Even before the killing of Father Jacques Hamel the French Prime Minister, Manuel Valls, said that France “is going to have to live with terrorism”. Regular atrocities have become the “new norm”.
Imagine, if you will, going back in time. How long? Not long. Fifteen years.
Imagine saying that in two months three thousand Americans would be killed by jihadists. People would be shocked.
Imagine saying that three years later almost two hundred Spaniards would be killed. Their shock would intensify.
Imagine saying that a year afterwards fifty Londoners would be massacred. At this point they might feel sick.
Imagine saying that in two years, from January 2015 to August 2016, French journalists would be slaughtered for the crime of publishing cartoons; more than a hundred Parisians would be massacred for doing no more than enjoying a Friday evening; thirty-five Belgians would be killed in a suicide bombing; eighty-five Frenchmen would be run down by a madman in a truck; German festivalgoers would narrowly escape a suicide bombing by the virtue of a doomed jihadist’s incompetence and a French priest would have his throat cut in church.
Imagine saying this would seem normal. They would not believe you.
Was it not ever thus, older observers might suggest. What appears “normal” in one age is never “normal” in another. Young people would think it most abnormal for Irishmen to be slaughtering each other en masse, and Italians to be murdering politicians. But whatever one might say about the Troubles, the republicans and the loyalists had specific political aims that could be engaged with, and however one might feel about Red Brigades they had a coherent command structure that could be targeted. Neither of these things are true about jihadists in Europe. What now seems “normal” to us is more abnormal, and more dangerous, than what seemed “normal” to them.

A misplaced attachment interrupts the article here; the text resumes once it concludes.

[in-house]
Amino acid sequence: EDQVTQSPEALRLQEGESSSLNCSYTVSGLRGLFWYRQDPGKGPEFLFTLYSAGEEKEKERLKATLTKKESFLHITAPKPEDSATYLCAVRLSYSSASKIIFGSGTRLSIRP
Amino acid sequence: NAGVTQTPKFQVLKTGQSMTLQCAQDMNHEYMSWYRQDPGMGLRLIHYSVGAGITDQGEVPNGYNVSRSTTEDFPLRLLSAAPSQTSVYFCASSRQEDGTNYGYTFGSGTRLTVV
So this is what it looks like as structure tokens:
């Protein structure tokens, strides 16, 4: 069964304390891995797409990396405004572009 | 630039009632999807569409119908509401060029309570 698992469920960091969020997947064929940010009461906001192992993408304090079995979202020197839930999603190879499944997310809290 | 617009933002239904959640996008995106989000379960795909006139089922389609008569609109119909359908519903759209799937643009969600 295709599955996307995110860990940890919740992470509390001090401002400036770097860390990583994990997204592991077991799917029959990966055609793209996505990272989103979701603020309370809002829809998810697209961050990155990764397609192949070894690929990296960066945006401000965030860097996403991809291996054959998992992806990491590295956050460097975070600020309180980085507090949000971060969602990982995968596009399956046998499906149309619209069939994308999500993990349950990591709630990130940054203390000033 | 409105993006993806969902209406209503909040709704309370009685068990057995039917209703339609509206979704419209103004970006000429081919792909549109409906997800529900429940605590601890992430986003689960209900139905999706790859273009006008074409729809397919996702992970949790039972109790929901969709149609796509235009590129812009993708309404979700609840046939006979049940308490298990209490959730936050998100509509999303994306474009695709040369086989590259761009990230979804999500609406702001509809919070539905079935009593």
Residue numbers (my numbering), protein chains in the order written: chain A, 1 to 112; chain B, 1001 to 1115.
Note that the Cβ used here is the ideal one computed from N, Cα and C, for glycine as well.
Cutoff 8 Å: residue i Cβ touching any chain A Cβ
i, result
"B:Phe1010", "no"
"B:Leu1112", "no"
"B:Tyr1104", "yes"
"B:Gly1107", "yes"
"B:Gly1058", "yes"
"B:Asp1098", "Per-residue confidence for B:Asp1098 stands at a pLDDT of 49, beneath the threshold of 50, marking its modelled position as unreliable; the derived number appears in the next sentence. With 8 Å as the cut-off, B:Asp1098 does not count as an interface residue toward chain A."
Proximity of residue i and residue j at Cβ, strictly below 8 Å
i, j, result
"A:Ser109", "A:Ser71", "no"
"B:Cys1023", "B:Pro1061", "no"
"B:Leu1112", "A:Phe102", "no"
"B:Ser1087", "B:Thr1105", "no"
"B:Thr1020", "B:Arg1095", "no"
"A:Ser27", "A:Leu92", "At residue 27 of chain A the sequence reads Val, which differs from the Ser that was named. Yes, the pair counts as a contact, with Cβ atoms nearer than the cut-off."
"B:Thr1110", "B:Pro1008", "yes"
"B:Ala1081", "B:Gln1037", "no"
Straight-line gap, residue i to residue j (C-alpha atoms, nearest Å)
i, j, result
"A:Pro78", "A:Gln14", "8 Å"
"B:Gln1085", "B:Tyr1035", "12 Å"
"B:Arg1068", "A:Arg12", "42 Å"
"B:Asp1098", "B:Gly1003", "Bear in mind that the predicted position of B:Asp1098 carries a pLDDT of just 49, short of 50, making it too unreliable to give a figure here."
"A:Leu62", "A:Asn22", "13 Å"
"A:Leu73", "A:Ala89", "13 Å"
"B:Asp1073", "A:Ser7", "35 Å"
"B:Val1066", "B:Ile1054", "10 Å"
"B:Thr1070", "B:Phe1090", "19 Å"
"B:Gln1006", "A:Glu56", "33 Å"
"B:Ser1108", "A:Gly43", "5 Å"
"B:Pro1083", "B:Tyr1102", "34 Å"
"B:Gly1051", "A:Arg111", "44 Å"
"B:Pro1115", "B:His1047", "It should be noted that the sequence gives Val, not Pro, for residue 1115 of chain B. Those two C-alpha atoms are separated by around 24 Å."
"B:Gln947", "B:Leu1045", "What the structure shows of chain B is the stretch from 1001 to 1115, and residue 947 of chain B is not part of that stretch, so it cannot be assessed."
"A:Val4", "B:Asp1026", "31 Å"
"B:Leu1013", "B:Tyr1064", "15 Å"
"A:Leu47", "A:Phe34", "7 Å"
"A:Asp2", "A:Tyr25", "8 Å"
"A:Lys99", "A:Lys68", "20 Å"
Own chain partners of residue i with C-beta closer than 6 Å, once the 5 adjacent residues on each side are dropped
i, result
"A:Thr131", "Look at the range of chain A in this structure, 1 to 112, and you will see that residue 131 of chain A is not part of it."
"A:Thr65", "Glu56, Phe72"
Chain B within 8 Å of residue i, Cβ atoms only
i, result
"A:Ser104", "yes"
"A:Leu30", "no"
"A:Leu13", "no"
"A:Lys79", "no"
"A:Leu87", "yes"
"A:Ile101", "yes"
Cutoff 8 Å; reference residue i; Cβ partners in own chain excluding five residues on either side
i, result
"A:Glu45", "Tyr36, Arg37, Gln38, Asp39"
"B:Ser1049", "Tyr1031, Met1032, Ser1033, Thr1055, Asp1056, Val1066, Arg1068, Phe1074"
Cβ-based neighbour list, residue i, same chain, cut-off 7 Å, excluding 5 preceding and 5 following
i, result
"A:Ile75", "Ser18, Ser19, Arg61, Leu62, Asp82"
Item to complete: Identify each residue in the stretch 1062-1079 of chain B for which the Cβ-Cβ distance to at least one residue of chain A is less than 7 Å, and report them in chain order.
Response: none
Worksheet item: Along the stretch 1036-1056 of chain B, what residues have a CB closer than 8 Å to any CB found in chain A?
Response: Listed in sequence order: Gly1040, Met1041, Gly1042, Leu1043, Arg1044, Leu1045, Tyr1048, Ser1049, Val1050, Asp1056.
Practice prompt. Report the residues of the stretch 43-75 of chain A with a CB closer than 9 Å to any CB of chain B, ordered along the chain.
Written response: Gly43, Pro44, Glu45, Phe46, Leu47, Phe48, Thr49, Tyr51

What will be “normal” in fifteen years? What will seem normal then? Whatever it is, I am sure it would not seem “normal” to us. We must prepare for a future of abnormality.
Good piece. It looks like suicide bombing is becoming the new normal.
My childhood was spent in Northern Ireland during the Troubles and I can say that regular violence did become normal for us, as did very intrusive levels of security. Back in the 1970s every entrance to the pedestrian zone in Belfast city centre had a checkpoint where every single person was searched and every bag was opened and looked into. After getting past this cordon every shop of any size also carried out a search of every customer entering. It was a higher level of security than getting on a plane today, yet everyone quickly accepted it as normal.
One time when I left a small zip bag which had some AA batteries in it in a shop, by the time I went back to get it 10 minutes later the shop had been evacuated and police were in attendance beginning to move people back up the street. I was able to persuade them that the bag was mine and show them it was innocent enough and the bomb scare was called off.
Back then bombers didn’t want to kill themselves or get caught, so security could get even worse today. If they ever get nuclear weapons, who knows what hell could be unleashed…
Thank you for that, David. A moving account for one who had a so much more harmonious upbringing. It is easy to forget how good it is that Northern Ireland has achieved relatively peace and stability.